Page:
I spent the early days of my teaching career determined to be the best teacher I could be. I got my masters right out of the gate. I went to the SC middle school state conference both years I taught there. I worked hard to get all top marks in the ADEPT program for initially licensed teachers. Once in NC, I started my national boards, despite having to start over in the NC three year Beginning Teacher program. (I’m probably one of the only teachers to get NBCT as a BT2. The paperwork at the county level kept getting kicked back. ) Anyway, I continued to serve on leadership teams. As team leader. As department chair. As School Improvement Chair.
After amassing lessons and units and strategies and skills over 18 years in middle school language arts, I had my oldest son in my own third period language arts class. And the same year, the county adopted a canned, scripted curriculum.
If a mid-life crisis is defined as “an emotional crisis of identity and self-confidence”, as a teacher, I was definitely there. Why have I worked so hard to build skills and lessons I feel strongly about? I’d cultivated an educational program of which I was proud but from which my own child wouldn’t benefit. “Just record some teacher giving the mandated lesson and I’ll just hit a play button”, I’d often thought. I had so many lessons that were so much more engaging than those four county-mandated workbooks my son and his classmates had to slog through every day.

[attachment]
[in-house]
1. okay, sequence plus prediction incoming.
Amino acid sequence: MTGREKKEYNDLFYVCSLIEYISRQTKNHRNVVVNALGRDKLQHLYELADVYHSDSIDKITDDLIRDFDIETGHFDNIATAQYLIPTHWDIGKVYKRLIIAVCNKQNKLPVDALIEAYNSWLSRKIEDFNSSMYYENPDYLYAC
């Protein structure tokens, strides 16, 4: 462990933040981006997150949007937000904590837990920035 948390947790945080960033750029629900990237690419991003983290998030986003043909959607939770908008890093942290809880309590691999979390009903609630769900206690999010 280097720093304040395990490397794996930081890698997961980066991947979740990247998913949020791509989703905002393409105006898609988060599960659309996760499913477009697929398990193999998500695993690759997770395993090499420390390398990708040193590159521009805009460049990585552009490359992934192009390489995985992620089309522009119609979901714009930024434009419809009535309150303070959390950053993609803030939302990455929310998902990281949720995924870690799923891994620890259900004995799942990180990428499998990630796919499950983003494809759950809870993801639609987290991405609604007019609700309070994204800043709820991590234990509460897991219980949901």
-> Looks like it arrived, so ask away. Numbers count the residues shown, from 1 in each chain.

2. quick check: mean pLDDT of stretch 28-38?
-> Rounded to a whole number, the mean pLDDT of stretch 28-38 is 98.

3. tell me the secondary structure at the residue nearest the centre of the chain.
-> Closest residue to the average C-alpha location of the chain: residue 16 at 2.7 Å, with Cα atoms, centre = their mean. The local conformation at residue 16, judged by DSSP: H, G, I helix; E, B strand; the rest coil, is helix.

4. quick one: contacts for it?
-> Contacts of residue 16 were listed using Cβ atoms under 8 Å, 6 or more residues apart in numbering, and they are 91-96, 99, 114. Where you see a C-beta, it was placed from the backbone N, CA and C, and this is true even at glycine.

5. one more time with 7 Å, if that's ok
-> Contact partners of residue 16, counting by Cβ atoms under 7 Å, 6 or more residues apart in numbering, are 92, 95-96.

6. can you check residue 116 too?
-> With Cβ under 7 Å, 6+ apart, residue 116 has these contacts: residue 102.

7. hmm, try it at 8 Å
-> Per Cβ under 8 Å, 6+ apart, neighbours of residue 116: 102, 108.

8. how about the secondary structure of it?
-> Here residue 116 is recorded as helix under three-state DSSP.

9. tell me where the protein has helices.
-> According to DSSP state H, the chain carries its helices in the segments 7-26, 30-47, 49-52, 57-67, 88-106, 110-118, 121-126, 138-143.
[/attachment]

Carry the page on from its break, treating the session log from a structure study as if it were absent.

I was undoubtedly depressed. And I was so, so angry.
Oh I gave it the old college try for sure. Of the 39 resources posted in the community to support the new mandated curriculum, 8 were from the county, 9 were from other teachers, and 22 were ones I’d created and shared. But I definitely felt like I was at a dead end. I’d stopped blogging here and started seriously thinking I need to find something else to do.
And then my social studies teammate told me he was going to be moving grade levels. After some thought, I emailed my principal to be considered for the social studies position and he agreed.
I made the subject switch the following school year, starting the next chapter of my teaching career. I can be creative again. I have autonomy over how I address the student needs. I’m not in meetings about test scores. I am not driven to over-analyze data. I don’t have to write detailed intervention plans for each student who didn’t get a certain score on a bubble test. I am the decision-maker in my classroom again.
And I am free.